WYOMING SCHOOLS AT A CROSSROADS: State’s Education System Struggling

Government, educators try to hold back the tide of budget cuts and teacher shortages across the Cowboy State

By Elizabeth Sampson

Special to the Wyoming Truth

Freshly sharpened pencils are getting shorter and brand-new sneakers are getting dirtier as Wyoming students move past first-day-of-school jitters and into their new daily routines.

Meanwhile, educators are facing their own jitters. Teachers manage larger class sizes as positions in their schools go unfilled. School administrators do more with less as legislators scramble to find new income streams for education funding with fossil fuel-based tax revenue declining. The Wyoming Education Association argues that students are not receiving an equitable education as defined by Wyoming’s constitution, and so the organization has sued the state.

Against these odds, stakeholders are looking for ways to rethink and improve how education works in Wyoming. Government agencies, educators and parents are reforming policies and using grant funds to solve problems.

Auer highlights the good

First, the good news. In an interview with the Wyoming Truth, Deputy Superintendent of Public Education Chad Auer acknowledged that the state faces difficulties, but noted some things are going very well in Wyoming’s schools. He pointed to the Hathaway Scholarship, the state-sponsored merit and needs-based scholarship that provides funding for eligible Wyoming students to attend any Wyoming community college or the University of Wyoming.

“It’s a tangible expression of our state’s dedication to the value of education,” Auer said. “Certainly, as with all programs, there might be ways to tweak or improve it over time, but at its core that Hathaway scholarship is our Mount Rushmore in Wyoming. It is an incredible monument to our dedication to education to our kids.”

Another piece of good news: Statistics show that Wyoming students are still finding some success in difficult times. The state’s four-year, on-time graduation rate continues to climb. The 2020-2021 graduation rate was 82.4 percent, a slight uptick from 82.3 percent during the previous school year, but nearly a 5 percent gain from 77.6 percent in 2012-2013.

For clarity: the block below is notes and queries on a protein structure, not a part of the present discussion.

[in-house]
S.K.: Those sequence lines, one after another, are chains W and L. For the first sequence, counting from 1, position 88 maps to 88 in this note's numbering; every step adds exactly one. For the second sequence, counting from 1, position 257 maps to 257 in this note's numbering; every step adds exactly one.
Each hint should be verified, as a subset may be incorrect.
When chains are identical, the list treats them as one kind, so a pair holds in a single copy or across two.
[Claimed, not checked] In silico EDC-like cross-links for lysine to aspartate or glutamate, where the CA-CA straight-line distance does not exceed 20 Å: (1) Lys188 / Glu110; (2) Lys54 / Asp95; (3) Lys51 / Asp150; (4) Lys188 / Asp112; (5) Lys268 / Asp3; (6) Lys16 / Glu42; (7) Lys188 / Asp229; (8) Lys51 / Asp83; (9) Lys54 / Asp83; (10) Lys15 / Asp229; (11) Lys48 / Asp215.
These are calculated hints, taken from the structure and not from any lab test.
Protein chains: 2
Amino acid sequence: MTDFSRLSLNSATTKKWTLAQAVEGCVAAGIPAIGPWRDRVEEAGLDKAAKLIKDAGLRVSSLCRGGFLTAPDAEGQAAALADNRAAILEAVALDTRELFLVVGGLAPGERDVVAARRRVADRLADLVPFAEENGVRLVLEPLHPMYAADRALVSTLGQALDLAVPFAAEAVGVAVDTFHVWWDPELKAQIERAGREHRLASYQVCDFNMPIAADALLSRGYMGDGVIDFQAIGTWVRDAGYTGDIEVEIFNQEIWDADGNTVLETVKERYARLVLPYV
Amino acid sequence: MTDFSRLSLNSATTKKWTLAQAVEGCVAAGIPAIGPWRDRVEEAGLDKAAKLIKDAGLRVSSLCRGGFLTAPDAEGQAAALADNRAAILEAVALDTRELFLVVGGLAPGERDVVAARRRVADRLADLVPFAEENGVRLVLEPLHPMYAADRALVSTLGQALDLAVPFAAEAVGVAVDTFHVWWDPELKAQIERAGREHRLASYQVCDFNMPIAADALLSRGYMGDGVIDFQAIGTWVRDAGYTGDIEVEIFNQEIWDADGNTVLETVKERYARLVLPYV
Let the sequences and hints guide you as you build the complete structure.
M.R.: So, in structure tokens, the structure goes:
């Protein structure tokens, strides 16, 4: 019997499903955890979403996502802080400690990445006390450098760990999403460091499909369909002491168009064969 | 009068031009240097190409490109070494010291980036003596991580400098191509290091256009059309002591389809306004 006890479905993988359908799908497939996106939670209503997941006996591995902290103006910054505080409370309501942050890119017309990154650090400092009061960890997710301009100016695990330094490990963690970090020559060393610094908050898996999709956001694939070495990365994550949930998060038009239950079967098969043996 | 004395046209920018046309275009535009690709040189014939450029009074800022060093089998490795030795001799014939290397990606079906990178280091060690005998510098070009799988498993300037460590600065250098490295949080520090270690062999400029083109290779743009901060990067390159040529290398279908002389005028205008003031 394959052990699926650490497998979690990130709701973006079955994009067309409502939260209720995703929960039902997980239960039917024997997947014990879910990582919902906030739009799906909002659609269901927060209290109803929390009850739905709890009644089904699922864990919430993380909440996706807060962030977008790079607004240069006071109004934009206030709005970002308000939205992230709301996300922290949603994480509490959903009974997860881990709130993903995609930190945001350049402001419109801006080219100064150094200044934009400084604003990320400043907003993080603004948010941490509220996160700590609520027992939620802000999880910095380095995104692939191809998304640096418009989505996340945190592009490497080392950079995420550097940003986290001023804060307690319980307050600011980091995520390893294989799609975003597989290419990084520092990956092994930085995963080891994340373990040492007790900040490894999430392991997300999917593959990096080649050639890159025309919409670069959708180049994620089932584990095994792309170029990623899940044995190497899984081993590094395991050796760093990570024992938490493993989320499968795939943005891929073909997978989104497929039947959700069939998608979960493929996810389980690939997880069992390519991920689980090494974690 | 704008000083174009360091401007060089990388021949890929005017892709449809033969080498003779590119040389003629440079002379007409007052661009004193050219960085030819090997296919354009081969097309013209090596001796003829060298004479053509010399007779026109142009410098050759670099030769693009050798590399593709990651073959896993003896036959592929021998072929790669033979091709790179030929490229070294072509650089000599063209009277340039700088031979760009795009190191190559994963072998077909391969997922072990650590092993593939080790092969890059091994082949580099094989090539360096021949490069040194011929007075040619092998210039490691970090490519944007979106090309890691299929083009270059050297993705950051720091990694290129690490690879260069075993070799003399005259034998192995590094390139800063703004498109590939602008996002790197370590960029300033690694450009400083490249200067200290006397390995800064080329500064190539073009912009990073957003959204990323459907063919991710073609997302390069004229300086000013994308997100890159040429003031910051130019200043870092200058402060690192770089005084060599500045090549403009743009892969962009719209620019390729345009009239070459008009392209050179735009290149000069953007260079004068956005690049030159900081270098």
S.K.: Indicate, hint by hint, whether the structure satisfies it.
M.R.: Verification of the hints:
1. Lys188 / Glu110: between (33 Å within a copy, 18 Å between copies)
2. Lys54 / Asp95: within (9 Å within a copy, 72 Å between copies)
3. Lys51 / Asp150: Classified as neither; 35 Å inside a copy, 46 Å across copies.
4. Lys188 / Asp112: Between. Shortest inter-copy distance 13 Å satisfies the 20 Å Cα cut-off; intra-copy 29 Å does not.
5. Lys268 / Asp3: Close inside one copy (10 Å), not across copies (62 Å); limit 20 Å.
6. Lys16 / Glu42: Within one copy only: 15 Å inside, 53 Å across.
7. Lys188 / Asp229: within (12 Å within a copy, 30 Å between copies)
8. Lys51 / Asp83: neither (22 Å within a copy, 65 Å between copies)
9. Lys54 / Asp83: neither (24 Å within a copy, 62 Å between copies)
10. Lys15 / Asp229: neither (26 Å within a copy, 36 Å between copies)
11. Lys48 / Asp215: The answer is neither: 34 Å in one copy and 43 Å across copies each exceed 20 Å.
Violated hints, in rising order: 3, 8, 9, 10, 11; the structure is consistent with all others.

Wyoming faces teacher shortages, lawsuit

The bad news is, despite these gains, Wyoming fell below the national average of 88.6 percent graduation rate for 2021, according to U.S. News Best High Schools rankings, which also showed Wyoming ranking lower than all its surrounding neighbor states. 

Wyoming also needs more teachers, and more current teachers would quit if they could. A March 2022 survey conducted by the Wyoming Education Association and the University of Wyoming revealed that of the 700-plus teachers surveyed, 65 percent would like to stop teaching but can’t due to financial or other reasons. 

Meanwhile, the Wyoming Education Association filed a lawsuit on Aug. 18, contending the state legislature has failed in its constitutional duty to fund schools adequately. At a press conference last month, president Grady Hutcherson blamed inadequate funding as the reason for stagnating teacher salaries, increasing class sizes and aging buildings that need to be replaced or aren’t adequate for updated school safety requirements.

Patrick Hacker, the association’s legal counsel, said that the Wyoming Supreme Court mandates the legislature must evaluate the education funding formula every five years to determine what the actual cost of providing an equitable education is. Hacker said the legislature has not made these recalibration adjustments in a timely or adequate manner.

“What it amounts to is the general model as a whole is seriously and grossly underfunded, and it is not in compliance,” Hacker said. 

Wyomingites weigh in  

In 2021, Gov. Gordon formed the Reimagining and Innovating the Delivery of Education advisory group and asked Wyomingites to respond to a 2022 survey about the state’s education system. Over 7,000 people responded, and while 48 percent of those who identified as school district employees said schools prepare students for the future, the overall participant response was a little uglier. A total of 59 percent of survey respondents said they do not believe the state’s education system effectively prepares students for the future.

Wyoming’s survey results are part of a national trend: A recent Gallup poll found that only 42 percent of those polled are satisfied with the nation’s education, down from 51 percent in 2019.

Following the Wyoming survey, the advisory group hosted 17 listening sessions, where most participants said students need more individualized approaches to learning and more flexibility to move at their own pace, according to a statement from the group.

Next steps for the advisory group include making policy suggestions to implement new ideas, which will be available for review later this fall. 

“It is abundantly clear that we need to appreciate the uniqueness of each student and to promote an educational system centered on preparing each student for a productive and fulfilling future consistent with that student’s dreams and abilities,” Chairman John Masters said in a statement.

Follow along

As the 2022-2023 school year unfolds, the Wyoming Truth will share stories of people affected by the state’s educational challenges and those penciling out solutions. Follow along as we take a deep dive into the triumphs and troubles of Wyoming education.

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